Although I have a personal interest, I am speaking not just because of my own experience, but because of approaches I have received from constituents. About five weeks ago, in the middle of a busy advice surgery, a constituent arrived in an agitated state. She sat down. She had great difficulty in speaking and had quite severe tremors in both her hands and her head. She managed to get out that she was there to lobby me about supporting the whole issue of stem cell research.

It was at that point that I stopped my constituent and said, "It's okay. I know the arguments. I am in favour of the research. I understand what you are getting at." A look of relief came across her face and she said, "You mean that I don't have to go into the spiel that I have prepared? I've had such a morning; I couldn't get myself together. It's been very difficult. I've prepared everything, but I know that my words don't come out properly and that, if I had to explain something that was very complicated, I might not be able to do it well."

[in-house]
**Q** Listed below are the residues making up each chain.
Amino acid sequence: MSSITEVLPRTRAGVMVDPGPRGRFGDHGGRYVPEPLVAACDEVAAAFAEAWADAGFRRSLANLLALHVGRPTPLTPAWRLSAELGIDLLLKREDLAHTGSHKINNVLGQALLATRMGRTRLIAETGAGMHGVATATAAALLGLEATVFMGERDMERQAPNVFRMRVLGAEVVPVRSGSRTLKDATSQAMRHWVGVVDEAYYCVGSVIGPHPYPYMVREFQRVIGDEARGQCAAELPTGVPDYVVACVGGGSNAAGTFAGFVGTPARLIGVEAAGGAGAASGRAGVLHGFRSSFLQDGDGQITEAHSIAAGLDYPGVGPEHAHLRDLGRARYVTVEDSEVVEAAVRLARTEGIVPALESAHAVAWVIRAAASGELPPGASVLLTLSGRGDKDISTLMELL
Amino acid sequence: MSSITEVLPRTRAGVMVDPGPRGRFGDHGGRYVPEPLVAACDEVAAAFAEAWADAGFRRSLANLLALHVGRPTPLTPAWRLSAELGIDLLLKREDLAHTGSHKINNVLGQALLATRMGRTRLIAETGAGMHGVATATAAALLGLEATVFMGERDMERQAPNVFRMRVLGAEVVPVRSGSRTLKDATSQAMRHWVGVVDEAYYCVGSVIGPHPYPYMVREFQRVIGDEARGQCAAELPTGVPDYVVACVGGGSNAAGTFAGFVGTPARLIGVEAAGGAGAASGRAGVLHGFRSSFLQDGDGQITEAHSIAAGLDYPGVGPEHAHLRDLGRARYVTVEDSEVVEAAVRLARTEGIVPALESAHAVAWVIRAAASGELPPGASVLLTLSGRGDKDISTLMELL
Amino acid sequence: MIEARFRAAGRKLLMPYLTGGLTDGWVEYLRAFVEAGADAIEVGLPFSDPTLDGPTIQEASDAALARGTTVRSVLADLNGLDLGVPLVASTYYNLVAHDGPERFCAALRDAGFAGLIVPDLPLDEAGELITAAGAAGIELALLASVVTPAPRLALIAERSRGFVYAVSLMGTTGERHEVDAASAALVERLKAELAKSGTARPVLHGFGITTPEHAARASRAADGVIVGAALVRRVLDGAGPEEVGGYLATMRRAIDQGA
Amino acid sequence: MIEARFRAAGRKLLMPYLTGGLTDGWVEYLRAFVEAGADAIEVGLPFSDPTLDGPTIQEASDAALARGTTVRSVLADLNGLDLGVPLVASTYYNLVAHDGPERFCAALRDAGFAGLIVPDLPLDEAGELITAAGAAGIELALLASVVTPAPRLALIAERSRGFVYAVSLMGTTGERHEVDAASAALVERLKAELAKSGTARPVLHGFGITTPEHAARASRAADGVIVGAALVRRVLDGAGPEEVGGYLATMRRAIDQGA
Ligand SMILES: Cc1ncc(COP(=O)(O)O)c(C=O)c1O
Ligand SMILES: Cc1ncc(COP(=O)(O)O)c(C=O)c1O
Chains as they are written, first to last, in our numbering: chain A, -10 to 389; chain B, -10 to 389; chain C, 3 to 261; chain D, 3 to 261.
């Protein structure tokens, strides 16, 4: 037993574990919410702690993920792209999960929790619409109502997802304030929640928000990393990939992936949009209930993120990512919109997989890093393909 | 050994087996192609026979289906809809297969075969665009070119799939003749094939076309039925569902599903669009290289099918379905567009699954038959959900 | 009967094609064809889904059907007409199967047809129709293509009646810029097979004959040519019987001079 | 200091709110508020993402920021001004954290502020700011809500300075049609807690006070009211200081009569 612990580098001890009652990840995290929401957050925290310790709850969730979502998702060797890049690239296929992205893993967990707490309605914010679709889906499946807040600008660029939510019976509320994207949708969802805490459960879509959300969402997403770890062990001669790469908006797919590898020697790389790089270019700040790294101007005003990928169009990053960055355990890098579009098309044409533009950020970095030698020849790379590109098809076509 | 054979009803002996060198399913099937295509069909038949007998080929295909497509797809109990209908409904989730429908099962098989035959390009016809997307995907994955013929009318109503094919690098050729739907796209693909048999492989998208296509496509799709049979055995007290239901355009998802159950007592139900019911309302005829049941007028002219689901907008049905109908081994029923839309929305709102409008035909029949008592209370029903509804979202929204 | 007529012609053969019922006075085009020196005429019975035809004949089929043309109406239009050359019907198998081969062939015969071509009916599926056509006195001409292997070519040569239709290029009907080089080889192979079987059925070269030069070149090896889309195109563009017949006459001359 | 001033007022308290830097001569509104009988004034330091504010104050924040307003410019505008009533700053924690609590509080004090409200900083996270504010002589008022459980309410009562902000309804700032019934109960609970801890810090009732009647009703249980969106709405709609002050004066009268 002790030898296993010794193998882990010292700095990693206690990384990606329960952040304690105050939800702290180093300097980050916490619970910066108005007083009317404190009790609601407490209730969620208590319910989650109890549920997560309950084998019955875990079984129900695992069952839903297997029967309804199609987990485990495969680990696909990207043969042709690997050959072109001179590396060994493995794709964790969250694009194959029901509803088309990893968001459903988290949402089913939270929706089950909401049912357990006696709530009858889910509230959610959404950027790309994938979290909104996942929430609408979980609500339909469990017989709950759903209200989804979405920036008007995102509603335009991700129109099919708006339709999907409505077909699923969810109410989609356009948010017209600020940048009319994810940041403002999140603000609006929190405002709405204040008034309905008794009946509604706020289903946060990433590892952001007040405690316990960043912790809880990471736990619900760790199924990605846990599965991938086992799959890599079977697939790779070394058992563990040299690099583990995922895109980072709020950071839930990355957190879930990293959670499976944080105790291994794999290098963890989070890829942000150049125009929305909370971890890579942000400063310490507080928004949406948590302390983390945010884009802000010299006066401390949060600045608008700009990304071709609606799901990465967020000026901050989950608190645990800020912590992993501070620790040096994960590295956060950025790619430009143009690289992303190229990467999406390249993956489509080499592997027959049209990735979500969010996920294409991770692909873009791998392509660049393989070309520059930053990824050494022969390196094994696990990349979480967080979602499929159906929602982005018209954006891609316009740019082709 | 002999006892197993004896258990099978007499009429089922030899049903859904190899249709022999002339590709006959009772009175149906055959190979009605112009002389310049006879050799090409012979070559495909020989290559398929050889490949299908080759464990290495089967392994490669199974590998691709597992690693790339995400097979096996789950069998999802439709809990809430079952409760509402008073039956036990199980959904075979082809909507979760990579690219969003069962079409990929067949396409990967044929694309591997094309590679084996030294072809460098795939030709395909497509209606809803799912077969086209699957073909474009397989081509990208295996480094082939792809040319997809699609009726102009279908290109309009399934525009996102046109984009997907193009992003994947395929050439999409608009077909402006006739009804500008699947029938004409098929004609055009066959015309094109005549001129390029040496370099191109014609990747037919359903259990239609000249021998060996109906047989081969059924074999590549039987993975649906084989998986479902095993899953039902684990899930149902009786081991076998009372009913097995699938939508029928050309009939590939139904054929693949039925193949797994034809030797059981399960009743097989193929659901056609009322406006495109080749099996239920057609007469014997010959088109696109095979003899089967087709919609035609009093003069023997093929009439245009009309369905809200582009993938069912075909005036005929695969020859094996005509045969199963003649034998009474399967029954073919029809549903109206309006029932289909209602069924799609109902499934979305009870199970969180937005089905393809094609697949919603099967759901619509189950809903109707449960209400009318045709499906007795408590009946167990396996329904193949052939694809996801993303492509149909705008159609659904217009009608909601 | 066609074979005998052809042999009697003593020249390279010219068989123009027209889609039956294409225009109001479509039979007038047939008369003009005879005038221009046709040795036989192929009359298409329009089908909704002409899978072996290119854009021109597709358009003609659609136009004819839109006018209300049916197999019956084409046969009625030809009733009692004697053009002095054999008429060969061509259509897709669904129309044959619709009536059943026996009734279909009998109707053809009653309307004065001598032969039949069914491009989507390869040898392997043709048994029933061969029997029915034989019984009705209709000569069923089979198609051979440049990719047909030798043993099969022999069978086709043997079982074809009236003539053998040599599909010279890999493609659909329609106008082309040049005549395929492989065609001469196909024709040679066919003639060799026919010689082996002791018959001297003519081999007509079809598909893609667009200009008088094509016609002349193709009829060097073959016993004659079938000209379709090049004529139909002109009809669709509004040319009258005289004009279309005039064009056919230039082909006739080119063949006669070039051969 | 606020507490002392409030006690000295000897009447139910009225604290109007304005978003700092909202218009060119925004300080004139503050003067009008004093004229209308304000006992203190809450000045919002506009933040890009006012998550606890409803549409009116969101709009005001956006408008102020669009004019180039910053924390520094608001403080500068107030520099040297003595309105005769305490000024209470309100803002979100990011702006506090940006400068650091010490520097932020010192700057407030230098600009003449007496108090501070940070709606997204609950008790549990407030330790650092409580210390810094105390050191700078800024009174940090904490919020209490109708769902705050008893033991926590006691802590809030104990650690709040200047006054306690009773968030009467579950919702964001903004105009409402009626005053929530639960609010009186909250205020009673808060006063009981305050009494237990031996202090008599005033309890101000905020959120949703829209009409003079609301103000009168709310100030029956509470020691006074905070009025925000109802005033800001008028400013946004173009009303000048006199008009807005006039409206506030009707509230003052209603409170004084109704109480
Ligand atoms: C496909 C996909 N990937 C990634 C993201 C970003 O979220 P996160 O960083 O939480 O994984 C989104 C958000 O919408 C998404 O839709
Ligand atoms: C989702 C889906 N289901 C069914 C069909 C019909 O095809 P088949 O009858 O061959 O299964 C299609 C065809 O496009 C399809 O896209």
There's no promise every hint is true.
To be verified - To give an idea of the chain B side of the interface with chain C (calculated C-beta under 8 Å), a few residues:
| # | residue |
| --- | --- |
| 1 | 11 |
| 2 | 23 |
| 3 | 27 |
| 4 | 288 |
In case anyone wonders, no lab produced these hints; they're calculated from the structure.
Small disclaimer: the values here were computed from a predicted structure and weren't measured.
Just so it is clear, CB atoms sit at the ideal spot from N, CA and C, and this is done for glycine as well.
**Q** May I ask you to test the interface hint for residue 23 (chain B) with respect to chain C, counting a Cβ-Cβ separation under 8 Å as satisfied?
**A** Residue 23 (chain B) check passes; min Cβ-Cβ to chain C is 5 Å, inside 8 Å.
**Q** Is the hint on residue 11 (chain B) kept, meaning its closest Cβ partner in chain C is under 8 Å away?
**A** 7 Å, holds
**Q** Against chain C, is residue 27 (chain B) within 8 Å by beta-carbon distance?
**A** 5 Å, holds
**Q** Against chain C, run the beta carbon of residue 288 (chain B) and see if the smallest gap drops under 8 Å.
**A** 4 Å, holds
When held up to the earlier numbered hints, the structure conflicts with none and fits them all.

That reminded me of the problems that my uncle faced when he, too, had Parkinson's disease. I have strong memories as a child and a teenager of visiting him for the 15 years or so that he was in a geriatric ward. It brings me up short to realise that, at that time, he was not much older than I am now.